Last time we worked with builder Kenny Hauk, host of “Hauk Machines” and mastermind behind an array of awesome builds, he brought his Mopar Hellephant crate engine to our dyno in an attempt to break the 1,000-hp barrier. His goal this time seems more modest on the surface but still represents a notable engineering feat: turn a stock 105-hp Cummins 4BT diesel engine into a 500+ horsepower powerplant.
Why the desire for another 395 horsepower? First of all, if you need to ask, this blog isn’t for you.
More to the point, Kenny Hauk selected the engine for his latest build, a Jeep that’s street-legal but capable of taking to the rocks in true off-road-Jeep fashion.
Cummins 4BT workhorse
The Cummins 4BT is often used to power urban delivery trucks. While a stock version is neither powerful nor fast, it is reliable, which is perfect for vehicles used in demanding city driving day after day.
Its relatively small size means it’s perfect for jamming into a vehicle that didn’t come from the factory with a diesel engine installed, making it a favorite for vehicle builders. And it comes with the low-end grunt of a diesel engine that everyone loves.
Hauk summoned a team of experts to help him awaken the beast within the Cummins 4BT and hit the 500-hp mark. The team included Utah-based Industrial Injection; Apex Turbo and Mountain Machine, both based in Michigan; and, of course, AMSOIL.
Apex Turbo contributed a pair of turbos to jam more air into the cylinders. More air means more fuel, and more fuel means more power.
Industrial Injection provided new injectors, a fuel pump and custom-machined heads and intake, all of which helped boost power and performance.
Mountain Machine skillfully and masterfully assembled the beast. Not only did they assemble it, they added the sweet flair of a clear front cover with integrated lighting so you can see the geartrain spin.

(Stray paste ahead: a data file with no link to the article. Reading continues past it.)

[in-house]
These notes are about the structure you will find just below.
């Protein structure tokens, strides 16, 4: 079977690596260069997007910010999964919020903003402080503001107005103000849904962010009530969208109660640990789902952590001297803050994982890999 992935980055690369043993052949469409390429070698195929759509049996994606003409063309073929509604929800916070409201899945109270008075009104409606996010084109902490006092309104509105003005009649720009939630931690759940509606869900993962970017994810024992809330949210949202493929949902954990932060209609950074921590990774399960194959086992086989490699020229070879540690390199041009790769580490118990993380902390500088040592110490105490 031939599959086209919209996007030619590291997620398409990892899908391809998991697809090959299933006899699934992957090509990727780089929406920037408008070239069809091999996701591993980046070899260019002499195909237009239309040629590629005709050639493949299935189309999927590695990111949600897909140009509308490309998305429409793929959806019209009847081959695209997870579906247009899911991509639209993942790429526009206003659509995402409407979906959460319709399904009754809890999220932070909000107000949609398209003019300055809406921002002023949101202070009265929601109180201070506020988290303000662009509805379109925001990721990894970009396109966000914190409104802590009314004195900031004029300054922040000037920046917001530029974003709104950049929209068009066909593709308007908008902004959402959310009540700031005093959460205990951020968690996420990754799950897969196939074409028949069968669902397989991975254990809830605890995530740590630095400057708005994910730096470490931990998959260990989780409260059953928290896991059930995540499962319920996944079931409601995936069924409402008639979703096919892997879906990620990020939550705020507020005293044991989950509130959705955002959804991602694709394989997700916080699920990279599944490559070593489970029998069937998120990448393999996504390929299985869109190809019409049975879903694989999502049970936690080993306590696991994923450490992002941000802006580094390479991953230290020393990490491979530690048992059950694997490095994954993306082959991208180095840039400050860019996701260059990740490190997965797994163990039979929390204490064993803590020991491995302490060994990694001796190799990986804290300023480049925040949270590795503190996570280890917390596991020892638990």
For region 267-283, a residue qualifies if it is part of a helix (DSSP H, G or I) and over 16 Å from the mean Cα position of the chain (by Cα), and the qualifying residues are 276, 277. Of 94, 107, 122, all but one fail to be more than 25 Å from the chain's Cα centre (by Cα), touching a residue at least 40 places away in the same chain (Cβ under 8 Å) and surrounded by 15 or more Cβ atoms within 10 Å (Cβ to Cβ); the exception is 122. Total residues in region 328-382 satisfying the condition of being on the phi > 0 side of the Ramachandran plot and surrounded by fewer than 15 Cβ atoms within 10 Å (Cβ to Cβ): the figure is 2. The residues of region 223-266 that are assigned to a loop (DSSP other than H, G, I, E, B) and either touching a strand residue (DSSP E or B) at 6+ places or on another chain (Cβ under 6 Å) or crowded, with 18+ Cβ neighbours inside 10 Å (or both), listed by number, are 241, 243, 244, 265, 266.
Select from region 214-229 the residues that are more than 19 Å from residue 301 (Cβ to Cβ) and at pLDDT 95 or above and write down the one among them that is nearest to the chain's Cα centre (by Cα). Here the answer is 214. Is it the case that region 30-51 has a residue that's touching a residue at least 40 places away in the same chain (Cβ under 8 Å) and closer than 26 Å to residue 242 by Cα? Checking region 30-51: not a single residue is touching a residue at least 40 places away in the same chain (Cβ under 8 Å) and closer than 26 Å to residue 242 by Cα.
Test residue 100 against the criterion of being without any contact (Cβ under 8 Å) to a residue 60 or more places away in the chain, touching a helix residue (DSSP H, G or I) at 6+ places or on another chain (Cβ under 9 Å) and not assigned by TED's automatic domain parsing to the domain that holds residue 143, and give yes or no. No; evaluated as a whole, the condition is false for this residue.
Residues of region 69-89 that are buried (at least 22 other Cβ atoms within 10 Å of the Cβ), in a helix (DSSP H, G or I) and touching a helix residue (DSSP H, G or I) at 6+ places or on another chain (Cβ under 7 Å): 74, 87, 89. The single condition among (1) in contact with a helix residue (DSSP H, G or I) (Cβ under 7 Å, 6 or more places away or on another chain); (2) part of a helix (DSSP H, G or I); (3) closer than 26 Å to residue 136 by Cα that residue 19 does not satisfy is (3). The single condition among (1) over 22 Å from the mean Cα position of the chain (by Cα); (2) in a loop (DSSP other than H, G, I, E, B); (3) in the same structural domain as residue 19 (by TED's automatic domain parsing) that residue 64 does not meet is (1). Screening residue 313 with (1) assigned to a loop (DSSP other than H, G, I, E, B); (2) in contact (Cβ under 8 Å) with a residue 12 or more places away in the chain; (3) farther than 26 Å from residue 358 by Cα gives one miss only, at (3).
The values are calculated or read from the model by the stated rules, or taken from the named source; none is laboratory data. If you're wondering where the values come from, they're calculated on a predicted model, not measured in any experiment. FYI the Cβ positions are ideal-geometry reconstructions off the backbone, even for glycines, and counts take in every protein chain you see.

Check it out in the video below.
Mountain Machine fabricated this sweet clear front engine cover with integrated lighting.
The icing on the cake was a custom valve cover/work of art to complete the look. Take a look at the finished product below.
Proper break-in maximizes horsepower
Our role was to ensure proper engine break-in on the dyno using AMSOIL Break-In Oil.
New cylinder liners, bearings, cam lobes and other engine parts have microscopic peaks on them called asperities. During break in, the goal is to allow a controlled amount of wear to parts to wear down these peaks and help components mate together. This ensures, for example, that the piston rings seat properly against the liners, which increases compression for maximum power.
A good break-in oil also protects and seasons the cam lobes so they don’t wear down and negatively affect valve timing, reducing power. Simply put, break-in is vital to building an engine that makes maximum power.
The crew tested the engine at Maybee, Michigan-based Salenbien Performance, which is owned by Apex Turbo owner Ryan Salenbien. As AMSOIL Staff Product Development Engineer and Mechanical R&D Manager Mark Nyholm reports, the engine hit 500 horsepower (505, to be precise), but he thinks there’s a bunch more power in the engine. Unfortunately, a broken balancer ended testing before they could find out.
Even if 505 is the ceiling, it’s quite an engineering achievement to coax nearly 400 additional hp out of a Cummins 4BT.
Credit goes out to everyone involved, especially Salenbien Performance and Apex Turbo owner Ryan Salenbien, who hosted the crew at his shop.